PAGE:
"It's hard to prepare," says Roger Neal of Inside Hollywood Tours. Stoogologists, he says, demand deeply detailed accounts of their heroes. Experts include Robert Kurson, author of The Official Three Stooges Encyclopedia and The Official Three Stooges Cookbook.
"Incidentally," Neal adds, "there are female Stooge fans, contrary to popular belief."
The Stooge legacy was locked in legal limbo until the mid-1990s, and the tour developed in 1998 to celebrate the first convention in Hollywood. Predictably, a custard pie fight broke out amid rumors that a veiled Michael Jackson sneaked in a side entrance with a phalanx of security men to purchase T-shirts and other goodies.
Batman — A 73-year-old Adam West is unwilling to squeeze into his Caped Crusader outfit, but he still answers the Bat Phone when fans call. The demand never ends. He does several conventions every year.
Yvonne Craig, who played Batgirl on the mid-1960s TV show, says middle-aged men still tell her, "You were my first love."
"I was bouncing around in a spray-on costume, and these guys must have been 12-year-old boys with the early stirrings of puberty," she says. "It can be strange thinking about it all these years later."
Controversy in Batdom broke out in 1995, when Burt Ward, who played Robin, blew the lid off the Bat Cave in his tell-all memoir, Boy Wonder: My Life In Tights, describing how "thousands" of women lined up outside the superheroes' trailer, hoping to get into their Bat skivvies.
One chapter is headed "On your knees, girls, and stay in line!" — a quote attributed to Adam West.
At the time, West had had been married about 20 years. He denied the salacious details and had to assure fans he was no Bat Pervert. His relationship with Ward became strained, but that didn't affect the show's hard-core fan base.
The Poseidon Adventure — Do you remember the 1972 disaster film about a cruise ship that flips over after it's hit by a tidal wave?
The Poseidon Adventure featured Gene Hackman, Shelley Winters and other stars as trapped passengers trying to escape from the upside-down vessel.
Now, 30 years later, 150 card-carrying members of the Poseidon Adventure Fan Club celebrate the film over and over again, as if they were teenagers watching Leonardo DiCaprio in Titanic. The club gathered on June 1 for a gala event aboard the Queen Mary, where several scenes for the film were shot.
Club President Jack Castro says some Poseidon fans insist on watching the movie in a tuxedo or evening gown — just like the film's victims.
Friends of Hopalong Cassidy — Old TV cowboys don't die. They live forever in syndication.
William Boyd — the actor who played Hopalong Cassidy — was a marketing maverick who bought up his old films and made a fortune selling toys, souvenirs and Western clothing.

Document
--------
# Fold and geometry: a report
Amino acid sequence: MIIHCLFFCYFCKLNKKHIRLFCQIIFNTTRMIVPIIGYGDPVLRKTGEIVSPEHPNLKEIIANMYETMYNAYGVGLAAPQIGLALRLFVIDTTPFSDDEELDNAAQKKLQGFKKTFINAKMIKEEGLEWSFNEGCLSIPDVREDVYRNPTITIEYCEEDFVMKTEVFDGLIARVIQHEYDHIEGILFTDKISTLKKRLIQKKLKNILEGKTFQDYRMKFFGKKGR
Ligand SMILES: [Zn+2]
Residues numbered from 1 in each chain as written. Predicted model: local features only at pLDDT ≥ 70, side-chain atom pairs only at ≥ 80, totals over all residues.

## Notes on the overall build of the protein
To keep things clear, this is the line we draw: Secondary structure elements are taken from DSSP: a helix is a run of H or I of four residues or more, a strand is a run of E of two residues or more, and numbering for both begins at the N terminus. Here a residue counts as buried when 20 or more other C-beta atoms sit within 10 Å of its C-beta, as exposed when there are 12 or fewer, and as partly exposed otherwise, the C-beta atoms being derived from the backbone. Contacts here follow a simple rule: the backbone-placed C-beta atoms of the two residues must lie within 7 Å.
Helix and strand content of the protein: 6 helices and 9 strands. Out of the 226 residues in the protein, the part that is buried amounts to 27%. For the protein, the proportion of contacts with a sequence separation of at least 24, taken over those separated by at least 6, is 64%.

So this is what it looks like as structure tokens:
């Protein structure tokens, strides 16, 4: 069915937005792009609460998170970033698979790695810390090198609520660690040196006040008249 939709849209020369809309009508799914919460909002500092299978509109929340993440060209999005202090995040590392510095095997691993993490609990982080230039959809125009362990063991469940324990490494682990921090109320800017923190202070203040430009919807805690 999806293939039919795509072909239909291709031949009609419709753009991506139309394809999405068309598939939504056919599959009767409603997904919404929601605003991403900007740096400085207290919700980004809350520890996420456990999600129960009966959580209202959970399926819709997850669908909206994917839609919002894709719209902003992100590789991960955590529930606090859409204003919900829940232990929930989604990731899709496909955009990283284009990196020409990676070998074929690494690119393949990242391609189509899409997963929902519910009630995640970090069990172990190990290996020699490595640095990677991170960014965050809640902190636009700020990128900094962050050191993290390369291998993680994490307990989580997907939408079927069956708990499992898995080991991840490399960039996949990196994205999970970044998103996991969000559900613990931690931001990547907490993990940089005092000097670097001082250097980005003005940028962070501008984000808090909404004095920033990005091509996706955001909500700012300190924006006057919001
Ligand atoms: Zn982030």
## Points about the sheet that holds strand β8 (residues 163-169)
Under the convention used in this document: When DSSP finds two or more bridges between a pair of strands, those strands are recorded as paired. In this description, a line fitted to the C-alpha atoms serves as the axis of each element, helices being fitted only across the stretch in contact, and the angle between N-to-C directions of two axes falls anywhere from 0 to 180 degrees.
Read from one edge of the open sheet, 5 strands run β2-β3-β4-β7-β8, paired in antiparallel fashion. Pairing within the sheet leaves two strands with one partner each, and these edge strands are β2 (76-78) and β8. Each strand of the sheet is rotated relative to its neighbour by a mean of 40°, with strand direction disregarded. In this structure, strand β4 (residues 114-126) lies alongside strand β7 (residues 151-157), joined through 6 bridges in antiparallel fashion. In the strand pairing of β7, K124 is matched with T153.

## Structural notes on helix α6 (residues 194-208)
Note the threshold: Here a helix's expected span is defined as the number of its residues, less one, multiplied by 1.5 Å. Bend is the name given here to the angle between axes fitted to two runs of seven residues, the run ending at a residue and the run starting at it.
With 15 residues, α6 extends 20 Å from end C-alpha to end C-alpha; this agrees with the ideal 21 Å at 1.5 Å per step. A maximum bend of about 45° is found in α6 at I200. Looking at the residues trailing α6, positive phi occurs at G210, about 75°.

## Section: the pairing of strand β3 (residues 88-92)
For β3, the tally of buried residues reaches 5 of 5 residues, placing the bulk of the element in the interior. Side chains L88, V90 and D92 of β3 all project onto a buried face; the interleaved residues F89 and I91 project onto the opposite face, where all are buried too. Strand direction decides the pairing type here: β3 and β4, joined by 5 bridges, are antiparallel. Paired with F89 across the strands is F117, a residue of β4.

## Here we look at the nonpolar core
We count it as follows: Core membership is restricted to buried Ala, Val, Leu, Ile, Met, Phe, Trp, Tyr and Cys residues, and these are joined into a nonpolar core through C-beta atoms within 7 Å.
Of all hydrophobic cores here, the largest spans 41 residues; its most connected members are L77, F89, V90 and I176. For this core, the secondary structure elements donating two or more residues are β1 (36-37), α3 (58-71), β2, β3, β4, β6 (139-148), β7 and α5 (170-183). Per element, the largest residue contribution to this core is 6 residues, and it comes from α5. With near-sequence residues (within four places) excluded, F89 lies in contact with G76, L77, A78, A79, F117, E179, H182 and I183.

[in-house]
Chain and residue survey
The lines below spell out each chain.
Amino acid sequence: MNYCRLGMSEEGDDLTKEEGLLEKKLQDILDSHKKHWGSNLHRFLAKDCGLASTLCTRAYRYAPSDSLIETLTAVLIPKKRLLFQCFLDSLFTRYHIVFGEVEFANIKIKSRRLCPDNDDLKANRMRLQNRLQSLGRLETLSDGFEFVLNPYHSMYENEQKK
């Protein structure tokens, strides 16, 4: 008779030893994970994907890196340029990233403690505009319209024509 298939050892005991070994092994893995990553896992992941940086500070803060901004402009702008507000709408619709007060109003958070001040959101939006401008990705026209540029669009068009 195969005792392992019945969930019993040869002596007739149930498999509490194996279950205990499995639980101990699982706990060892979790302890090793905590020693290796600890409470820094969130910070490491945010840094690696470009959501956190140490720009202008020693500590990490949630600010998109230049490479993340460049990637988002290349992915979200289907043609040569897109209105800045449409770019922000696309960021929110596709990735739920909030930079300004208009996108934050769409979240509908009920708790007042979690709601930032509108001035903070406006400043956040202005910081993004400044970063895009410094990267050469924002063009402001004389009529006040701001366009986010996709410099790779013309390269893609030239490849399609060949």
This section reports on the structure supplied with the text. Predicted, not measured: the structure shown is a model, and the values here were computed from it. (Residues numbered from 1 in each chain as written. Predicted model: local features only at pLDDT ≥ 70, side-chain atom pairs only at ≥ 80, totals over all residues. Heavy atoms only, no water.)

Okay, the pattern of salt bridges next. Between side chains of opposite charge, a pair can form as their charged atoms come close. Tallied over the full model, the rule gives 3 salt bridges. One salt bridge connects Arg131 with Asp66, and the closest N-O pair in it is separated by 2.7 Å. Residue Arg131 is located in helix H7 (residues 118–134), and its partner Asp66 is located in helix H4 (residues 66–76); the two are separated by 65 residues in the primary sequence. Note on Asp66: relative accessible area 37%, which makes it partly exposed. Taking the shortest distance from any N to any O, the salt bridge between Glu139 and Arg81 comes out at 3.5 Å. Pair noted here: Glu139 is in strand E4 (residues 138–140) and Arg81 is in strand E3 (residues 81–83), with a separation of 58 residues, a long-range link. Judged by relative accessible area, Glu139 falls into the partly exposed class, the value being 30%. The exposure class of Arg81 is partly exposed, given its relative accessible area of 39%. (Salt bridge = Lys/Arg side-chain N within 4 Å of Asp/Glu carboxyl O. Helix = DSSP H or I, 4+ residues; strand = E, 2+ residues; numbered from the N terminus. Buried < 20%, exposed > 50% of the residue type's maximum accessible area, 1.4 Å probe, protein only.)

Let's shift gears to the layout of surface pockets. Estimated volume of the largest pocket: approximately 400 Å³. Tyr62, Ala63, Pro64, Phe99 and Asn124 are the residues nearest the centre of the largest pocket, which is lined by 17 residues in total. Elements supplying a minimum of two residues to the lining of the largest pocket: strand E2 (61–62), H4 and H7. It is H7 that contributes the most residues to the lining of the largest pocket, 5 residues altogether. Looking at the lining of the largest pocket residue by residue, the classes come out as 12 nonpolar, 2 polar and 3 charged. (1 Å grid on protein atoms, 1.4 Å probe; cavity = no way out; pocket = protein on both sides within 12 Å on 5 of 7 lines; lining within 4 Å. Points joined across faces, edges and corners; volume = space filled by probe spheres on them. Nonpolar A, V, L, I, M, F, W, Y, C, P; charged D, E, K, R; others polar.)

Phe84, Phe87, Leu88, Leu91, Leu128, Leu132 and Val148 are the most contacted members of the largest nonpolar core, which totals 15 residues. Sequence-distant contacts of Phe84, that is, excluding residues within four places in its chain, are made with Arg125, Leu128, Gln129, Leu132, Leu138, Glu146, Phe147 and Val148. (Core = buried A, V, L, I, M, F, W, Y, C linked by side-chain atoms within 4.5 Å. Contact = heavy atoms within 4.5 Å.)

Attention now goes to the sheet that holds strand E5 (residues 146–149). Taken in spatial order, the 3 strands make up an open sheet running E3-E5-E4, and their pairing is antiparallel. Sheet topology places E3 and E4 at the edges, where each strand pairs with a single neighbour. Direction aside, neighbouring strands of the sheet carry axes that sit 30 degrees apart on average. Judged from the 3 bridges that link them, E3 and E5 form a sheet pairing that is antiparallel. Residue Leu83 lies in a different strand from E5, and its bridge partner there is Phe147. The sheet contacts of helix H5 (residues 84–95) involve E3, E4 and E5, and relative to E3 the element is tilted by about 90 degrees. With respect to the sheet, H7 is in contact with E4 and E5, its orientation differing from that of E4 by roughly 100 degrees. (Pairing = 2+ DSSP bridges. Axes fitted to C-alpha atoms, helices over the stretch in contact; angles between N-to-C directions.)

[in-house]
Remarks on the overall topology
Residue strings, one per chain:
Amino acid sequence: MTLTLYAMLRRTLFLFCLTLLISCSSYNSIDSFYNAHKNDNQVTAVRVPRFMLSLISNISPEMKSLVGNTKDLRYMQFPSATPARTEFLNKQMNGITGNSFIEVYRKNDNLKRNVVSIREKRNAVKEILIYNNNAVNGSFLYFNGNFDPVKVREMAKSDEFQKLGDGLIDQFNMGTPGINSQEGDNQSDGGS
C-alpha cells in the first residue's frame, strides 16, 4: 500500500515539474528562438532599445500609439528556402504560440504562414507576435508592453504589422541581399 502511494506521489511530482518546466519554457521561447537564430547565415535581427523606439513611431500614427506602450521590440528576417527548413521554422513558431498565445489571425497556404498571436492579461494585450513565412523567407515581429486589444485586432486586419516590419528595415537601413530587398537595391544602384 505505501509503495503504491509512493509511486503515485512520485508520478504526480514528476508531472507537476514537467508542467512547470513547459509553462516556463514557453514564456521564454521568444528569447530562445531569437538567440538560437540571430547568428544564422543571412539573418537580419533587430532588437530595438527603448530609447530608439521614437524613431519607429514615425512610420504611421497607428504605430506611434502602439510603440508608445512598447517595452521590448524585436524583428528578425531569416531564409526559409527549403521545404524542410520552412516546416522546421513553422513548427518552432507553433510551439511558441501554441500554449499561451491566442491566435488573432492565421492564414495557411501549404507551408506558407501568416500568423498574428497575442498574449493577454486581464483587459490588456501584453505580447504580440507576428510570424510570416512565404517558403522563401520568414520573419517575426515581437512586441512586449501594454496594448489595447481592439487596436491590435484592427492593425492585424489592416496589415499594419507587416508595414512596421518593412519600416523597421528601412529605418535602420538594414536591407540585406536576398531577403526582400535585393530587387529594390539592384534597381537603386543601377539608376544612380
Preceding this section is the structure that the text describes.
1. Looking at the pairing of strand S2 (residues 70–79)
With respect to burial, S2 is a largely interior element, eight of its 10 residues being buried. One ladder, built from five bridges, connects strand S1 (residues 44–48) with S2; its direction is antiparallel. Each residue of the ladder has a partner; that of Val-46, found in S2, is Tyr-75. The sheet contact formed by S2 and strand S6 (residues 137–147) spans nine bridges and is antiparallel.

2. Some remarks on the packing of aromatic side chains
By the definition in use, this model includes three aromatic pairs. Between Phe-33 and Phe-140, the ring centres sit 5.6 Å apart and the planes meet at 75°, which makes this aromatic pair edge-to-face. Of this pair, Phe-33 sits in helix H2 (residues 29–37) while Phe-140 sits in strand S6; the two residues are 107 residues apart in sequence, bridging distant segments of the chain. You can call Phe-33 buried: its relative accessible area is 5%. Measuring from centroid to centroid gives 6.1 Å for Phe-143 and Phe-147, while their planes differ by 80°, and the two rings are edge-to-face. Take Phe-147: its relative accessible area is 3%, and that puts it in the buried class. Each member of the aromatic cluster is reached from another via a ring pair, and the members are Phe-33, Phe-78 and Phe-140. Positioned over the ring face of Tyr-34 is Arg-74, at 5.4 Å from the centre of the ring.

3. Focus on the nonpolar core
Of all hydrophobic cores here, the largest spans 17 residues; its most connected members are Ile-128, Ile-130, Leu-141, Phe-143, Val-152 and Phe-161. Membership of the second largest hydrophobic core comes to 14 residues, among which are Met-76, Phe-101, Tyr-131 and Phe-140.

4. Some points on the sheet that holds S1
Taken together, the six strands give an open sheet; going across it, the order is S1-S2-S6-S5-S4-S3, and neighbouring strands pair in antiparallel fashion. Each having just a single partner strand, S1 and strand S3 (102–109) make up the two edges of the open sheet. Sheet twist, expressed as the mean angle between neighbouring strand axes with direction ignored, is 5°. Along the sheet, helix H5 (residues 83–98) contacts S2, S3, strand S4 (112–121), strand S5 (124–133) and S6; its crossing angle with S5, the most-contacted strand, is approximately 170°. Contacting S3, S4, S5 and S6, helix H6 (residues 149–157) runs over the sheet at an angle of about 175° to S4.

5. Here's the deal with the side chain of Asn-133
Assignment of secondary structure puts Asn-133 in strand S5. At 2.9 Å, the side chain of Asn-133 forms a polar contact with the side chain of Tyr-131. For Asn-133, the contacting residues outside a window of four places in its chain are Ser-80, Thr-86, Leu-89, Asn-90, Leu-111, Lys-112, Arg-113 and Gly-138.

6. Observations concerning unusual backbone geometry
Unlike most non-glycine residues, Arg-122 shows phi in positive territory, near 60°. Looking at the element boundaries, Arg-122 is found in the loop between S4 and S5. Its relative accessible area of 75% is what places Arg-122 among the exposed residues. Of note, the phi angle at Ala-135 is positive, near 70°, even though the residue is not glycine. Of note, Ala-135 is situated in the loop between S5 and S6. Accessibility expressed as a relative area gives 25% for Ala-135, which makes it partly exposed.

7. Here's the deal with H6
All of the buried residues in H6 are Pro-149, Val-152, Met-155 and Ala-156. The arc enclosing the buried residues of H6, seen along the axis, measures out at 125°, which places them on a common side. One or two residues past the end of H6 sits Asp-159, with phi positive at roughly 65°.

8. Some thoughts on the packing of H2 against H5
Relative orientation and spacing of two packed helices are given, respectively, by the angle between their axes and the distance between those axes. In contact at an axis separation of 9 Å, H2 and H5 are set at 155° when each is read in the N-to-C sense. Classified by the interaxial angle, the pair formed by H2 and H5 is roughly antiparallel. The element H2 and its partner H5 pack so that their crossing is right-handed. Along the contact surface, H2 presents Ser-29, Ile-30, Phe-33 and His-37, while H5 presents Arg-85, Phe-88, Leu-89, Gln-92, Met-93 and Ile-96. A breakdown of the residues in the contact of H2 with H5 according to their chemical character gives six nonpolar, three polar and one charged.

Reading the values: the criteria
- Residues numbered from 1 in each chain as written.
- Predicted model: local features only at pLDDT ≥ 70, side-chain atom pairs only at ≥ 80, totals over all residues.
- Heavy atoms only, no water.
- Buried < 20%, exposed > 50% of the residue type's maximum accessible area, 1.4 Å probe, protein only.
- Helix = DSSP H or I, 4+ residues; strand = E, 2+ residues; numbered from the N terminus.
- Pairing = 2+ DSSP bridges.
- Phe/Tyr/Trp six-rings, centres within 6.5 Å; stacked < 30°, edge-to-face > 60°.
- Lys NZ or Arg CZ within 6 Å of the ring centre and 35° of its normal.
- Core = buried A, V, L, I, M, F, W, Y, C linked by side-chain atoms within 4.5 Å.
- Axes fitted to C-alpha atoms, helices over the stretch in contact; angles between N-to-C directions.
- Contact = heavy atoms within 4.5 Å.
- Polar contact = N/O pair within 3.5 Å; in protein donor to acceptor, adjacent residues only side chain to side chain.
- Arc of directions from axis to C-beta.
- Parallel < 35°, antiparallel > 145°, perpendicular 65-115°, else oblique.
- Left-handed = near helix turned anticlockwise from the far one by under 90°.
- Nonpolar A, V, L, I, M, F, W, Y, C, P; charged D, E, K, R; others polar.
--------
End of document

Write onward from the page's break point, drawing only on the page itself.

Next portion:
Mosey on down to Hoppy's Cambridge, Ohio, hometown May 2 for the annual convention. More than 1,200 fans show up in black Stetson hats, red scarves and bolo ties. In Cambridge, there's a statue, a brick-lined sidewalk, and a scholarship in Boyd's honor.
"If you've got a Hopalong toy gun, it could be worth $1,800 to a collector," says Laura Bates, editor of the Hoppy Talk newsletter. "He did a lot of charitable work and made a lot of people happy. That's why people show up."
The Wizard of Oz — Like any job, life as a Munchkin had its ups and downs. Jerry Maren, now 83, says he only made $50 a week back in 1938 when the film was shot. But he's spent many years attending festivals and conventions that have taken him over the country, and on nostalgia cruises.
"The Oz phenomena has definitely been a good thing, so I don't knock the fans," says the 4-foot-3-inch actor, recalling that some fans will dress up as Dorothy, the Scarecrow, and even the Wicked Witch.
In the most celebrated moment in Maren's life, he welcomed Judy Garland to Oz, singing, "We represent the Lollipop Guild, the Lollipop Guild, the Lollipop Guild, and in the name of the Lollipop Guild, we welcome you to Munchkin Land."
Maren, a one-time child stand-in for Jerry Mathers on Leave It to Beaver's, later landed a gig as Mayor McCheese in McDonald's commercials. As for his ongoing membership in the Lollipop Guild, he says, "I never thought I'd still be doing this."
Buck Wolf is entertainment producer at ABCNEWS.com. The Wolf Files is published Tuesdays. If you want to receive weekly notice when a new column is published, join the e-mail list.